Cyanogen, the company that makes the popular Cyanogenmod Android Firmware and that started making its own version of that for new phones last year, is now back for more. Today it's announcing a new deal with Indian consumer electronics company Micromax that will put Cyanogen's software on the company's newest phones. That goes hand in hand with Micromax (which is the second largest smartphone maker in India) launching a new phone brand in India called YU that will sell devices running Cyanogen OS.
Cyanogen makes the software, Micromax the phones
The goal of the new venture is two-fold, the companies say. Cyanogen's pitching a highly-optimized version of Android for people buying mid-range phones, something it says it can do better than most hardware makers who cook up their own versions of Android. Micromax, meanwhile, gets to make the hardware with the help of a software company that will keep them up to date with new software and services. That's been the proposition of Android since the start, though Cyanogen says it does a better job than carriers and major device makers, and doesn't add bloatware apps.
"We can really make an inexpensive device seem like a much more premium-level device," Cyanogen CEO Kirt McMaster says. "We're masters at that. The OEM may have last stopped supporting a device with Gingerbread, and we have Kit Kat running on those same devices."
Not every smartphone manufacturer deal is interesting. But Cyanogen's march around the world is fueled by $30 million in funding and a fervent fanbase that's eager to get the software onto devices old and new. That's especially true in India, McMaster says, noting that it recently had a 17-year-old fan in India port Cyanogen to brand new devices running Android One, Google's own software push for India and emerging markets. That's also something that makes this deal noteworthy, given that Micromax was one of Google's launch partners for getting Android One launched in September.
Android One is the clear target here
Android One is a clear target here, and many of Cyanogen and Micromax's promises are the same. Just like Google, the companies are promising a steady stream of software and security updates, and localizations. Vikram Natarajan, Cyanogen's vice president of global partnerships and distribution, says the two companies plan to work together to integrate some popular local apps and services right into the operating system, just like Cyanogen did with its recently-announced NextBit partnership. According to both Micromax co-founder Rahul Sharma and Cyanogen's McMaster, that won't result in junk apps, as much as services people in India are already using. "There will be some services we're building in, and they'll be blended completely inside," Sharma said, though he declined to say what those features would be.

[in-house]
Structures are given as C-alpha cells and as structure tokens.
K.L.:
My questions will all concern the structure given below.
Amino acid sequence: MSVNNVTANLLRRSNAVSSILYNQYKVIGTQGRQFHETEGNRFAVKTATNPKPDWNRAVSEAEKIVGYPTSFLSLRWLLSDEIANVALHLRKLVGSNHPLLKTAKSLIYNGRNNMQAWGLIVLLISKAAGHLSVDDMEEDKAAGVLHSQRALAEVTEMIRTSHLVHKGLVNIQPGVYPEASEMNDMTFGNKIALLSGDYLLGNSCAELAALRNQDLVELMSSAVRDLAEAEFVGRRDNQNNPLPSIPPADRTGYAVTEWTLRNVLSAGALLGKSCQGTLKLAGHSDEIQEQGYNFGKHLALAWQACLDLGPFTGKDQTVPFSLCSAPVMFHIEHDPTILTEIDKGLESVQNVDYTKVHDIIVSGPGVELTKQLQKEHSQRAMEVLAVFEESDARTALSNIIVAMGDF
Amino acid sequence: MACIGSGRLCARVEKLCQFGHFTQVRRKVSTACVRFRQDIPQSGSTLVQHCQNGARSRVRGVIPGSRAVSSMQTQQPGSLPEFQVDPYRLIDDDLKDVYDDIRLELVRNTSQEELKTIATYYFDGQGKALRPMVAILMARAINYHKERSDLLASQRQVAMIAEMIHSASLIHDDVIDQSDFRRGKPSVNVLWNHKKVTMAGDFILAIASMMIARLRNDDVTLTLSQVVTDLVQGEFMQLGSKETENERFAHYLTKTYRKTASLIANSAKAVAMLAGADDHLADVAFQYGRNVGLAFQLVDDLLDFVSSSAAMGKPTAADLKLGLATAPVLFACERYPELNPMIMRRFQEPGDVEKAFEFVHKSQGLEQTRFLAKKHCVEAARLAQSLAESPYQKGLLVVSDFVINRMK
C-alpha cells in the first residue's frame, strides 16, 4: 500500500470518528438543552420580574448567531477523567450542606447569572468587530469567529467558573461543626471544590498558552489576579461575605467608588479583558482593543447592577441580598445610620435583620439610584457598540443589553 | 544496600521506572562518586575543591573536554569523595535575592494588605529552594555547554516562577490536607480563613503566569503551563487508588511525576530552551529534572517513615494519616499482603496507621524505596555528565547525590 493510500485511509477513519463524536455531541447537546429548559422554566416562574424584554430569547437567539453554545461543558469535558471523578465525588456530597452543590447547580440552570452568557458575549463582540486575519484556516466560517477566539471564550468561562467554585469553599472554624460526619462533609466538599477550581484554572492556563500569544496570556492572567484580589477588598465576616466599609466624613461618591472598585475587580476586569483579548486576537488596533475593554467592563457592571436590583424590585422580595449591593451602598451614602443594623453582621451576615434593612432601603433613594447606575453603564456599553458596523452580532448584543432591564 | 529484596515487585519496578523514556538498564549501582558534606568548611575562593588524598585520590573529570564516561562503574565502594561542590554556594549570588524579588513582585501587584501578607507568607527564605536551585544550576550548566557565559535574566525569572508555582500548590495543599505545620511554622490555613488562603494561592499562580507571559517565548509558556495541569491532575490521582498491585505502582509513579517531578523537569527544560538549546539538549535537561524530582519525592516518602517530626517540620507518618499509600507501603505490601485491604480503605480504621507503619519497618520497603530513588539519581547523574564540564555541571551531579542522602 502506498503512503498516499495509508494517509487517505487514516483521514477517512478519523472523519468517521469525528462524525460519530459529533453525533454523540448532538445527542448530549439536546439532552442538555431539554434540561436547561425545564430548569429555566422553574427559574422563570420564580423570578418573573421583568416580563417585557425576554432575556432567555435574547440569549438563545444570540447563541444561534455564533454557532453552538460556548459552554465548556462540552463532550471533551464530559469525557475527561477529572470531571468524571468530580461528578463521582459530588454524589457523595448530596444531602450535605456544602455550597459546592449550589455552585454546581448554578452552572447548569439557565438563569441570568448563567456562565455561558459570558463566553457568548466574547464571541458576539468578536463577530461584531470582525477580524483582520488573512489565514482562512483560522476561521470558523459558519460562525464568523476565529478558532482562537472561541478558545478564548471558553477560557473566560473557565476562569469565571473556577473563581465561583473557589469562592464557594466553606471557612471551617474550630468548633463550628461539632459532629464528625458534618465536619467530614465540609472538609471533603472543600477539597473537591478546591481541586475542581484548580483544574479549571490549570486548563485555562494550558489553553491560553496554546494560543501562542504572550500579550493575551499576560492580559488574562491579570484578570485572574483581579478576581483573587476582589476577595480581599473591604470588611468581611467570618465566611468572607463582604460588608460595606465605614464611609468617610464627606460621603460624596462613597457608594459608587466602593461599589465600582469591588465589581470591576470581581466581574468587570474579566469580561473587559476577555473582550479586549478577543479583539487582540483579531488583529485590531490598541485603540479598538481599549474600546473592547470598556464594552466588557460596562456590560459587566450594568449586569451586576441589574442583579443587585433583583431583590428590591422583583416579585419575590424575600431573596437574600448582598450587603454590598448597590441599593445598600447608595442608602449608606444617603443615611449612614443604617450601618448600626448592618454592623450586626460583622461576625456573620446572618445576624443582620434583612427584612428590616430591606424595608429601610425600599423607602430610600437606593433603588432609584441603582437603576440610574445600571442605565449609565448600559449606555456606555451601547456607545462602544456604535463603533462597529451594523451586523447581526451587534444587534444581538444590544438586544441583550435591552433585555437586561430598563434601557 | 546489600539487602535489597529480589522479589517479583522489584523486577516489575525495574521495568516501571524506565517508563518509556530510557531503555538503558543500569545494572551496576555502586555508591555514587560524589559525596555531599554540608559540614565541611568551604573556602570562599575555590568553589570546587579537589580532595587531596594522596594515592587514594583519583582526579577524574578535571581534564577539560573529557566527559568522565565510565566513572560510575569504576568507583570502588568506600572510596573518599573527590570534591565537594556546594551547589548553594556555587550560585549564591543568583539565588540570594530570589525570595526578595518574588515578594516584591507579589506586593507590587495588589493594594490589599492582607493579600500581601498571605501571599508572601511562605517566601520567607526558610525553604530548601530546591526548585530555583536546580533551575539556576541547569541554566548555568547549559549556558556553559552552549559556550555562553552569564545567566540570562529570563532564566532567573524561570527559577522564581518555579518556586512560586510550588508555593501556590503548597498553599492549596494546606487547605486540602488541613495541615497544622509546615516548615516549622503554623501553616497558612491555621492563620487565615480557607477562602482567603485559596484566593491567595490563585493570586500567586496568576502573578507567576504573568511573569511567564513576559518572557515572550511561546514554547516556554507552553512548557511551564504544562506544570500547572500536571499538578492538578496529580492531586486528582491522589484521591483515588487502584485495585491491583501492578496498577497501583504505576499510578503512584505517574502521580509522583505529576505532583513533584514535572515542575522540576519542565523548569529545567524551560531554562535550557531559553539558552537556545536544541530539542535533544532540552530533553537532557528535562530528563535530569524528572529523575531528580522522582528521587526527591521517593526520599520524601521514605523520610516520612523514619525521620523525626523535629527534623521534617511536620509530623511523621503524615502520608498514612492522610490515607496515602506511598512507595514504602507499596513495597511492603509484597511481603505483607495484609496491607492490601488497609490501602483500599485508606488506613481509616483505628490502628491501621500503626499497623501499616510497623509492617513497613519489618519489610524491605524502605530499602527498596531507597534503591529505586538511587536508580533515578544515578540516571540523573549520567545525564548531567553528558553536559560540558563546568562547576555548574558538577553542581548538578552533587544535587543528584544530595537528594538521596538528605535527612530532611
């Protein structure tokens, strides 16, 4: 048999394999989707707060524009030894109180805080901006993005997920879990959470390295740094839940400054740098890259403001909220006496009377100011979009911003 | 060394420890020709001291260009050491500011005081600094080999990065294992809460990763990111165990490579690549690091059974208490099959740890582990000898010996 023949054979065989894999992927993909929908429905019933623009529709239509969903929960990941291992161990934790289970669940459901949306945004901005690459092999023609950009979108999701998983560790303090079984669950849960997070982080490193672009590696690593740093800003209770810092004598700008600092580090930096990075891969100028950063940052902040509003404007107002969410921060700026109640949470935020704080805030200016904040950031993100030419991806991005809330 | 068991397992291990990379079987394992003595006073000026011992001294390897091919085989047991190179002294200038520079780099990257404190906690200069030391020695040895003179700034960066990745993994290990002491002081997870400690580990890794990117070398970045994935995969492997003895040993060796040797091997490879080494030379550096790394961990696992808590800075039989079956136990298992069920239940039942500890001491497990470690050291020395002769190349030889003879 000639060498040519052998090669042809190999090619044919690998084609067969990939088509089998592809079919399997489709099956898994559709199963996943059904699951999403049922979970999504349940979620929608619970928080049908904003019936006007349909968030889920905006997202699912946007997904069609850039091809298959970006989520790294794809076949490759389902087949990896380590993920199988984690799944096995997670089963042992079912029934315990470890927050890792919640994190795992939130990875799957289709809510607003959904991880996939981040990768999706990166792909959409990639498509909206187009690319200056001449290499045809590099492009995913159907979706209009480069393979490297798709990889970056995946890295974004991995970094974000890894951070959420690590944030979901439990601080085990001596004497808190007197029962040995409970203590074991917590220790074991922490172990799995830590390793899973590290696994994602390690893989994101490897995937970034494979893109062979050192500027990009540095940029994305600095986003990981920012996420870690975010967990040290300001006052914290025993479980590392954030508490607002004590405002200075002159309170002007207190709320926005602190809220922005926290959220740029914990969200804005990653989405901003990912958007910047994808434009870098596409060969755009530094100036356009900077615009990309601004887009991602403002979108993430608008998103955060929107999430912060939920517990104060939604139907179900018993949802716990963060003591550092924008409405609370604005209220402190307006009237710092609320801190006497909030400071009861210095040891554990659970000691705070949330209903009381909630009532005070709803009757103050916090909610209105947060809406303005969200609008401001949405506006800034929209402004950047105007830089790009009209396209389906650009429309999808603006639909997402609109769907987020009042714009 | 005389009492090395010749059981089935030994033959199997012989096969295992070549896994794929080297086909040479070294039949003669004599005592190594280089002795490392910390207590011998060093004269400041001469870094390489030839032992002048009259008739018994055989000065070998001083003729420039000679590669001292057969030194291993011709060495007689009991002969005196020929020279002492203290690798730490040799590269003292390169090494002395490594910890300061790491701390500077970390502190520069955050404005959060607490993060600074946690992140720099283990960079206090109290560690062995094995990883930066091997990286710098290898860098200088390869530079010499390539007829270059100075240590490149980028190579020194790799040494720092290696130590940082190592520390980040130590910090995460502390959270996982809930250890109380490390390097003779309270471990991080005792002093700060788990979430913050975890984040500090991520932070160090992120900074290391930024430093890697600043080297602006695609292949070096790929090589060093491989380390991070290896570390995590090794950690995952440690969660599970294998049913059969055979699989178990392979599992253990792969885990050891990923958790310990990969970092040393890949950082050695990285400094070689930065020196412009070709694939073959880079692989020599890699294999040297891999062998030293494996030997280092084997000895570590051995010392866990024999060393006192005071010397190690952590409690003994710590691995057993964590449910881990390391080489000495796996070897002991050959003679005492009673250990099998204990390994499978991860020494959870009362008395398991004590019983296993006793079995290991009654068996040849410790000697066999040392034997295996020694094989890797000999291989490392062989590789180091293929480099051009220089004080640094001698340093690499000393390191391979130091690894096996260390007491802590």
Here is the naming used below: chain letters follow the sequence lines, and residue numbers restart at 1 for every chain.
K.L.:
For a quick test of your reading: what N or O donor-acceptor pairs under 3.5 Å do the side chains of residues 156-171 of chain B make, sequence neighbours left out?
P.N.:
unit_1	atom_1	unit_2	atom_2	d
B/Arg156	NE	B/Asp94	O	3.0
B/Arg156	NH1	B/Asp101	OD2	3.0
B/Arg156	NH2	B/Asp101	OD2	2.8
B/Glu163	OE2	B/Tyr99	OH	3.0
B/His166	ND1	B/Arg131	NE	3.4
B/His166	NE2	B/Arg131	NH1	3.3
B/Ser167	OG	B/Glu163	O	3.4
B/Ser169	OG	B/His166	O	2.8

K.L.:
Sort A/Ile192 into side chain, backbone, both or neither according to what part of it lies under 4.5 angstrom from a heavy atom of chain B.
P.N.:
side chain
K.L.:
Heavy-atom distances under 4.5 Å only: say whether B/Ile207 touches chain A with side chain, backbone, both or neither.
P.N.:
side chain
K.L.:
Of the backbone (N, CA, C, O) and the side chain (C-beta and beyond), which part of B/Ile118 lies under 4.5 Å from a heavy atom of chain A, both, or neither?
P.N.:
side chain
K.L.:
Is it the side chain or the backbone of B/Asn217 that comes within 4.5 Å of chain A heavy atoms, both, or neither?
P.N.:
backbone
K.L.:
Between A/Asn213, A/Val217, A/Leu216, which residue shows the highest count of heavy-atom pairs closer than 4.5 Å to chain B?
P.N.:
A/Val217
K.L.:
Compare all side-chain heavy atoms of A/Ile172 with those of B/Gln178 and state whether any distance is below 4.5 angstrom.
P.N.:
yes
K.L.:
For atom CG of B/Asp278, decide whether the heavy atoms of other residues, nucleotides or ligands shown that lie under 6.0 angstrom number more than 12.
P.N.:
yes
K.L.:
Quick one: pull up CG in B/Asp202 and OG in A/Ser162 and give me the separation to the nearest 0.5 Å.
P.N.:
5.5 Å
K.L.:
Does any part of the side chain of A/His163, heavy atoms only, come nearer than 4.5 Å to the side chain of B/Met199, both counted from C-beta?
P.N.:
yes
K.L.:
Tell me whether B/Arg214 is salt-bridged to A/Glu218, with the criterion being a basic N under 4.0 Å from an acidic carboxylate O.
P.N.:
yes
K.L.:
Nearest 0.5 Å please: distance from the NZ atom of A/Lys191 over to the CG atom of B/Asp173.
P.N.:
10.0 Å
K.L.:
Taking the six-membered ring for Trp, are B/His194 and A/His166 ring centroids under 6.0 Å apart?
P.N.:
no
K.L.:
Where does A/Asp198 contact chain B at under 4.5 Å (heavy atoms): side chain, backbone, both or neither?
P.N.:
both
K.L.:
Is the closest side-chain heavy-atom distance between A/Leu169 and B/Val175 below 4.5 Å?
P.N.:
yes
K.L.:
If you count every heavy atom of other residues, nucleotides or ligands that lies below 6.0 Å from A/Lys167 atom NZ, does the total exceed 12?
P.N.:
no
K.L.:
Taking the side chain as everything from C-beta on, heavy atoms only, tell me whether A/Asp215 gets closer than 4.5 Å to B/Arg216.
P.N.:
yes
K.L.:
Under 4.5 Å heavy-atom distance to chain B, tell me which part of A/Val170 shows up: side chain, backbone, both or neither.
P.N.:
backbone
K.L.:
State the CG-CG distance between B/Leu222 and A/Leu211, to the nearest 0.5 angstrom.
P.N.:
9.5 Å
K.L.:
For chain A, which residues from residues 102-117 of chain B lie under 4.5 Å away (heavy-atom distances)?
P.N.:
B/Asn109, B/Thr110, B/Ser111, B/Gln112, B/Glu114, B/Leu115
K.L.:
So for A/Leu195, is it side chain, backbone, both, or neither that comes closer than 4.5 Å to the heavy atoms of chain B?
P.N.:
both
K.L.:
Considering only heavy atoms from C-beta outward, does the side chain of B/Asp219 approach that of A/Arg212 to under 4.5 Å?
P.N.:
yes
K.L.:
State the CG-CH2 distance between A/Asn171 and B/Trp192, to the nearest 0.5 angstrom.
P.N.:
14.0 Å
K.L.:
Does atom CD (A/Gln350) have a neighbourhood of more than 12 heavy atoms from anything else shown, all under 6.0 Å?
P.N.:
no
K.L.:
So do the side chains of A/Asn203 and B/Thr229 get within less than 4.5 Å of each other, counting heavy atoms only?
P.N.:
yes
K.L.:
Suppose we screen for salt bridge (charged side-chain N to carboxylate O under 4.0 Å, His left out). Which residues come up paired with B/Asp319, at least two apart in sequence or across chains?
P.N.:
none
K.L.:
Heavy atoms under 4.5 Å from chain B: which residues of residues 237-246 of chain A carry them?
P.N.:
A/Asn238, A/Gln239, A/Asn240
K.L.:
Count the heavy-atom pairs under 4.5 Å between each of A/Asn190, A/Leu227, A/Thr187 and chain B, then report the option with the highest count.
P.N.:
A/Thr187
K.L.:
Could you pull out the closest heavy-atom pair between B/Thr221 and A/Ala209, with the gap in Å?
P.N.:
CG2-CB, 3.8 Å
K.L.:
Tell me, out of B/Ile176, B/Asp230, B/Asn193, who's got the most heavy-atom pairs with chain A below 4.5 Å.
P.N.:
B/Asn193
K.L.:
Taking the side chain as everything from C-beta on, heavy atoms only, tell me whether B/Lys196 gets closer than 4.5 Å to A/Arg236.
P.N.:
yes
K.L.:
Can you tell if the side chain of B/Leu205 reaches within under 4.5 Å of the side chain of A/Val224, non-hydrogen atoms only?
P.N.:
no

Neither company would offer details about the new phone they're working on, short of saying that it will be announced next month and cost less than the $299 OnePlus One. That was the second phone to come with Cyanogen's software pre-installed and from OnePlus, the startup founded by former Oppo VP Pete Lau. That price is in no small part to cater to Indian phone buyers, who typically pay for phones in full, without signing contracts.
You will very likely never see the result of the deal in the US, Europe, or even outside of India due to where Micromax sells its hardware — at least not in the near future. It's a different story for India, Natarajan says. According to him, the plan is to start with deals like this and head to other regions, where they can do the same thing.
"It's always been this philosophy of purity and getting rid of bloatware."
The lingering question with deals like this, where Cyanogen is working directly with hardware makers, is whether that means we'll see a slow creep of bloatware apps — the very thing Cyanogen and its community have fought against. McMaster says that's exactly what he doesn't want to happen, but says there's plenty of room for improvement over what Google's done by bundling in its own services over more popular ones people might be using.
"Cyanogen has always been known as this ‘Android on steroids' and it's always been this philosophy of purity and getting rid of bloatware," McMaster says. "The expectation of this company as it begins to iterate on Android is not to do these iterations that are going to be bloatware 2.0. Everything has to be really meaningful and thoughtful. It has to be something we, ourselves, want to use."